Get dog and cat owners in the same room and a debate is likely to break out over which is smarter, dogs or cats.
While dog owners like to brag that dogs are clearly more intelligent because they do tricks, the savvy cat owner knows that you can certainly evaluate the superior intelligence of cats just by watching their behavior:
1. When a cat chases a ball across the floor and it goes under the TV cabinet... does the cat hunch down and try and get it from the front or does it IMMEDIATELY go around back or side, knowing where the ball is in relation to the center of the cabinet?
2. When you are staying in a hotel with a king-sized bed, does the cat know EXACTLY how close to the edge she can get without you being able to touch her?
3. Does your cat fetch -- that is, does the cat find the toy to begin with, and then bring it to you and drop it into your hand? Does it then continually chase the thrown toy and bring it back the same way, until you have to stuff the toy into the side of your chair to get some relief?
4. Does the cat deliberately employ one of your shoes to create a hiding place for a sparkle ball?
5. Have you ever had a cat who normally hides at the sight of the cat carrier, but if it is sick, it not only stands by the carrier but waits until you open the door and walks in, so you could take her to the vet?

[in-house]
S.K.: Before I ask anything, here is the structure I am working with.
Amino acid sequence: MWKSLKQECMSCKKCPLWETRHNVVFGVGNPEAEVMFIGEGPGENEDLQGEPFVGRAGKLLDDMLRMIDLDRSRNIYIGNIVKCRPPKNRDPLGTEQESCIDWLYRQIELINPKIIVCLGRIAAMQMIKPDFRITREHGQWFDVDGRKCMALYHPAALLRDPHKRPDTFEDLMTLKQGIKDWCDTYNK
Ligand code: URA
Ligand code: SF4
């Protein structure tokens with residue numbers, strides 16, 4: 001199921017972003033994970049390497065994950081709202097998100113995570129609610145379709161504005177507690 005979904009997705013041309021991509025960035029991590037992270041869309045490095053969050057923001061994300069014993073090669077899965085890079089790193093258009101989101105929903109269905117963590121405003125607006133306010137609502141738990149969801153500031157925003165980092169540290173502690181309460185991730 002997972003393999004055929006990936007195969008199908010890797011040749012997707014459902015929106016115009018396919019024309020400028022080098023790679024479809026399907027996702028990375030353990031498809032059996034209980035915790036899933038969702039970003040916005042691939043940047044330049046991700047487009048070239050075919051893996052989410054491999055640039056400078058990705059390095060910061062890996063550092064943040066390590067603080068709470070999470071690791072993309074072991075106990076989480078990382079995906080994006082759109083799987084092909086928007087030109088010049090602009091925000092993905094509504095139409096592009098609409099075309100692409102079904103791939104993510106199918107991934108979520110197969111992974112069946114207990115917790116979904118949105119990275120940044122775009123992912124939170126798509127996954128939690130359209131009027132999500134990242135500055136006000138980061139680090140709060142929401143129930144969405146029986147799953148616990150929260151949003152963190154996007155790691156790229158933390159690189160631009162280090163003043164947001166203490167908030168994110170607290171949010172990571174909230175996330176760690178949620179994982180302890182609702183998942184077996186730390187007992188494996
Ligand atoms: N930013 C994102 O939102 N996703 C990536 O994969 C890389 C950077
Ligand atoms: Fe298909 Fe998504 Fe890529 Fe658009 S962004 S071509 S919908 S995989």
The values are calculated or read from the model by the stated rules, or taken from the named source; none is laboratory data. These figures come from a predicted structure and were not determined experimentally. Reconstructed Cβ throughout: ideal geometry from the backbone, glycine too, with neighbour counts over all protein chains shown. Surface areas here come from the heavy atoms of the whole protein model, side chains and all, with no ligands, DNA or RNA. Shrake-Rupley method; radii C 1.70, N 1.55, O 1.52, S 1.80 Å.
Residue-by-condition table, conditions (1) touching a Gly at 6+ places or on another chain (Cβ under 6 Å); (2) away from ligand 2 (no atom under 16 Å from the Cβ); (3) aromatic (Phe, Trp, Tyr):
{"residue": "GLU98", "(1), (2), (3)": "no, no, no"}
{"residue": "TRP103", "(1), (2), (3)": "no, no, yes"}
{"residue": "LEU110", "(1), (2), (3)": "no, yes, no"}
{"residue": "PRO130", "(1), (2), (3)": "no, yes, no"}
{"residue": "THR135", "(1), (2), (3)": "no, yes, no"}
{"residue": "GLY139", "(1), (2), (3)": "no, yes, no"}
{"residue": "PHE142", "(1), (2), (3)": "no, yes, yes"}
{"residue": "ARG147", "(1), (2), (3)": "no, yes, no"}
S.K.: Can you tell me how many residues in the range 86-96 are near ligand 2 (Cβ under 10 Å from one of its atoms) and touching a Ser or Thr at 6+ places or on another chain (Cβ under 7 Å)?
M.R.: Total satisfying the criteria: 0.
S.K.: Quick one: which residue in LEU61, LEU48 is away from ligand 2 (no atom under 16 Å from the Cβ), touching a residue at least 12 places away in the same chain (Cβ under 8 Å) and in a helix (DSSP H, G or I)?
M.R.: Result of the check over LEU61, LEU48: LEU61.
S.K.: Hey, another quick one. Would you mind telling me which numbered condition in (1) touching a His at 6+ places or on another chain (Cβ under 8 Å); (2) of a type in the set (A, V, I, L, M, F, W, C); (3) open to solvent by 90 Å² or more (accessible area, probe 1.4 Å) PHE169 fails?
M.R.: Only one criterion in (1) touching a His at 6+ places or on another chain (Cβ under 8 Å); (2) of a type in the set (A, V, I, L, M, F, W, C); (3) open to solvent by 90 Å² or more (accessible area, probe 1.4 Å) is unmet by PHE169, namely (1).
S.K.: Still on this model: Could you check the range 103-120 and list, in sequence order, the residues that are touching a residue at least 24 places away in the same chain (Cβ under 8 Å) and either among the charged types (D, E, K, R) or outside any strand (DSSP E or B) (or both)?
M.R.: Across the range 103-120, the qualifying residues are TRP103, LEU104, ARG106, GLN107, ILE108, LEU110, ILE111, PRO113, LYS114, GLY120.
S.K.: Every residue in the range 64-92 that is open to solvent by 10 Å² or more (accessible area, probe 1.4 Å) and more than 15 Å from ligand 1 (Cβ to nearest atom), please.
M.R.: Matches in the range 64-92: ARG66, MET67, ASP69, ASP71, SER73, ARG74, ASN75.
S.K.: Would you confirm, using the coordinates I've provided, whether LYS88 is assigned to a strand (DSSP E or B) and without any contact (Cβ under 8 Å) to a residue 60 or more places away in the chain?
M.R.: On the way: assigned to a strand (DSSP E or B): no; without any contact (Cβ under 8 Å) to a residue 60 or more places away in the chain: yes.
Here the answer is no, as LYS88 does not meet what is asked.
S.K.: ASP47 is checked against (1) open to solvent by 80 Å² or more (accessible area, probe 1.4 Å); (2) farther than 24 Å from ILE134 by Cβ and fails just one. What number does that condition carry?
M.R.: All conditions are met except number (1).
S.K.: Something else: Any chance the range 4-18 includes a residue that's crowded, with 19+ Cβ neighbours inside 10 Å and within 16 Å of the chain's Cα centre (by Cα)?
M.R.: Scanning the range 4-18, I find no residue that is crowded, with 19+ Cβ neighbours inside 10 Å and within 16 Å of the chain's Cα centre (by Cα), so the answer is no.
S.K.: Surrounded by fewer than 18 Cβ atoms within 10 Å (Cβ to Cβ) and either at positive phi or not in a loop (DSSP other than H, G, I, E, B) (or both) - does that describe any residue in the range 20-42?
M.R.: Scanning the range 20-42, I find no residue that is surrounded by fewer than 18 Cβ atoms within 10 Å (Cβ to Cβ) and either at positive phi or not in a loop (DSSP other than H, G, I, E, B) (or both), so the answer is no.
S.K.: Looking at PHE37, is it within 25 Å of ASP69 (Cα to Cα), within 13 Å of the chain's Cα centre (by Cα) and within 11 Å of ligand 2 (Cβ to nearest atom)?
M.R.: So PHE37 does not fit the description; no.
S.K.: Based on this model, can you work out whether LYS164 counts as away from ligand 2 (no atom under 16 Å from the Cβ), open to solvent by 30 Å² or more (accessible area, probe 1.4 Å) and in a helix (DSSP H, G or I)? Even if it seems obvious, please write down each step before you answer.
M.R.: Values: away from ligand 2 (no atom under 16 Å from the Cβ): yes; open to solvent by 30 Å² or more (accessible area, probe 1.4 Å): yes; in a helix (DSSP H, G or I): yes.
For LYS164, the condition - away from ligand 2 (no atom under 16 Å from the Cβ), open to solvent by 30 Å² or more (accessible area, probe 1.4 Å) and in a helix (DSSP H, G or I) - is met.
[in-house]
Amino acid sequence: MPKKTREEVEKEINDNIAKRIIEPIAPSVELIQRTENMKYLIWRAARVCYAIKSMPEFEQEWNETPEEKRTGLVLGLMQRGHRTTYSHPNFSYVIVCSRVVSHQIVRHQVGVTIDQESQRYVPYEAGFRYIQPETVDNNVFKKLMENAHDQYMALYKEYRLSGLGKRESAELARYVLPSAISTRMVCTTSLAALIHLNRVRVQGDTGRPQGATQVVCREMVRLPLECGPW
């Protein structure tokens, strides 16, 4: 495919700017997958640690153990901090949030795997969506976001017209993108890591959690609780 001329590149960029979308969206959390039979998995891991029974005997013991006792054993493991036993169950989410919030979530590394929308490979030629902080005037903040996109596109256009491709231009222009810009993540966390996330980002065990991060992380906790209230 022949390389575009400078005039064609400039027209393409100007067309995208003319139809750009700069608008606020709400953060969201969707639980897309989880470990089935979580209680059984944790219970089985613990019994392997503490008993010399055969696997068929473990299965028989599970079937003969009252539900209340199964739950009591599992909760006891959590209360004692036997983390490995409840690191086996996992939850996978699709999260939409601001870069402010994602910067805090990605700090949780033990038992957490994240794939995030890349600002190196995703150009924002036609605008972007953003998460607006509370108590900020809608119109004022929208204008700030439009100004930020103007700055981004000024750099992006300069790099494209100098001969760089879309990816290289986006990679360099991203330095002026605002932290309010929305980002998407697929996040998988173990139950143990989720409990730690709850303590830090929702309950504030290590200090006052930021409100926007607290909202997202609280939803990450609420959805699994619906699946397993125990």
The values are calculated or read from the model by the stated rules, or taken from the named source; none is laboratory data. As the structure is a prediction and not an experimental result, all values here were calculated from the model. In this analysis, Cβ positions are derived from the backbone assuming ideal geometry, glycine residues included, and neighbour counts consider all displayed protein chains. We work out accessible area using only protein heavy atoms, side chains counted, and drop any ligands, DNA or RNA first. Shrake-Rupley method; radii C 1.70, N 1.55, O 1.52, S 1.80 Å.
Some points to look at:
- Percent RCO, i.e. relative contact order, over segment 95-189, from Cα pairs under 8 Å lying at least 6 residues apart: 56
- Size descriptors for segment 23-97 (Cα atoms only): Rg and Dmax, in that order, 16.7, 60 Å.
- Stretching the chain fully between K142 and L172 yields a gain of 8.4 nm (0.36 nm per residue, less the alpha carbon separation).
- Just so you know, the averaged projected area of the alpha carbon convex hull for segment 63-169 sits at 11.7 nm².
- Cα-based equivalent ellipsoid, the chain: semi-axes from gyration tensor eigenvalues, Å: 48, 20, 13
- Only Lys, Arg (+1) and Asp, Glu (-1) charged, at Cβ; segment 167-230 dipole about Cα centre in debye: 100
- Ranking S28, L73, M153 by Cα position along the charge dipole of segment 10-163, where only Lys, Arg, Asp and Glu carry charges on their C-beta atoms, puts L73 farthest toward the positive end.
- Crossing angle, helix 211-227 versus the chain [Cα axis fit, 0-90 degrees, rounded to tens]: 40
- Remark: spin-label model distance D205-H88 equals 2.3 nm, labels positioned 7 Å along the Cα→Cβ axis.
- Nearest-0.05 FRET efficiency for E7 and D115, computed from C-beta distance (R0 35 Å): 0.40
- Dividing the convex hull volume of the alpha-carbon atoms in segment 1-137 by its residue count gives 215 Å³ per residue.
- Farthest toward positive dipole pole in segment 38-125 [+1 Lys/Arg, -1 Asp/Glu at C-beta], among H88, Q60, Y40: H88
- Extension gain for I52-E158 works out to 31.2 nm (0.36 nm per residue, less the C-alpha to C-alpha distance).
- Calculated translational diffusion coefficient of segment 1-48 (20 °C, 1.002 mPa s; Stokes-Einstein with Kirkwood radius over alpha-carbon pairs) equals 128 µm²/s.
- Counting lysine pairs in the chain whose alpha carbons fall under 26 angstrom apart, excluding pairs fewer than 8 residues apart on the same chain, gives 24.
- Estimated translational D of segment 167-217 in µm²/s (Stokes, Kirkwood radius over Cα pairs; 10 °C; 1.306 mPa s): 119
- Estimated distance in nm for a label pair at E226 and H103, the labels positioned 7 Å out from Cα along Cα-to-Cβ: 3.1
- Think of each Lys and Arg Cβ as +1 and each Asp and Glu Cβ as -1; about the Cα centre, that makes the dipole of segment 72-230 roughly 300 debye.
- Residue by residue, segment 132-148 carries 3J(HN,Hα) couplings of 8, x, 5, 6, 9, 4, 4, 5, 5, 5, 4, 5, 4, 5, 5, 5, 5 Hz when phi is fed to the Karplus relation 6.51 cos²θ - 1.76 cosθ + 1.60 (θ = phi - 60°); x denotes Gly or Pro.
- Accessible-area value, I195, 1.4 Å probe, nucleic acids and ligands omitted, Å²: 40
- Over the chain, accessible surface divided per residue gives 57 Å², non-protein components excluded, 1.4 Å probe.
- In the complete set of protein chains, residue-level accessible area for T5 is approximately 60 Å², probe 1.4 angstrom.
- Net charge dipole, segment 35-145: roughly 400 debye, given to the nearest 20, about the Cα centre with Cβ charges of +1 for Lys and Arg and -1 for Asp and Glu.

6. Have you had a queen bring you a sick kitten and drop it in front of you, so you will take care of it?
7. Have you ever had a cat bring a toy for fetching so that the kitten curled up on your lap will chase the toy, clearing your lap for the first cat to settle in for a nap?
I live with Korats, and they all do this sort of thing.
I have a Korat boy who never liked being held or cuddled. One night he jumped onto my bed with his head held at a funny angle. On close inspection I realized he had somehow half crawled through the metal ring of a hanging food dish and was now totally trapped by it. The ring had him in a hammer-lock with his head and one foreleg on one side of the ring and the rest of him on the other!! I was certain he would freak out, but, instead, he came to me and stood quietly while I pulled first one leg and finally his head out of the hanger/loop. Never before, and never since, has this Korat (now 15 years old) tolerated being held.
And why would a mother cat, who had weaned her kittens six weeks earlier, suddenly give her kitten an all over bath, as he was sitting next to the carrier that will take him to his new home? This was her first litter and the first kitten to leave.
So, you see... I don't need to measure my cat's specific IQ. They demonstrate how smart they are in their behavior on a daily basis. In fact, my Korats are so smart, I sometimes have to refuse to let a person have one of my kittens...
I want the human to be at least a little bit smarter than the cat :-).
About The Author:
Ann Segrest has been breeding Korats in CFA's Region 2 since 1990.
Her cattery name, Kiriki, is a Native American word that means "bright eyes".
She has bred and shown 2 DM Korat females, 2 National BOB Korats and numerous Regional Winners in Championship and Premiership.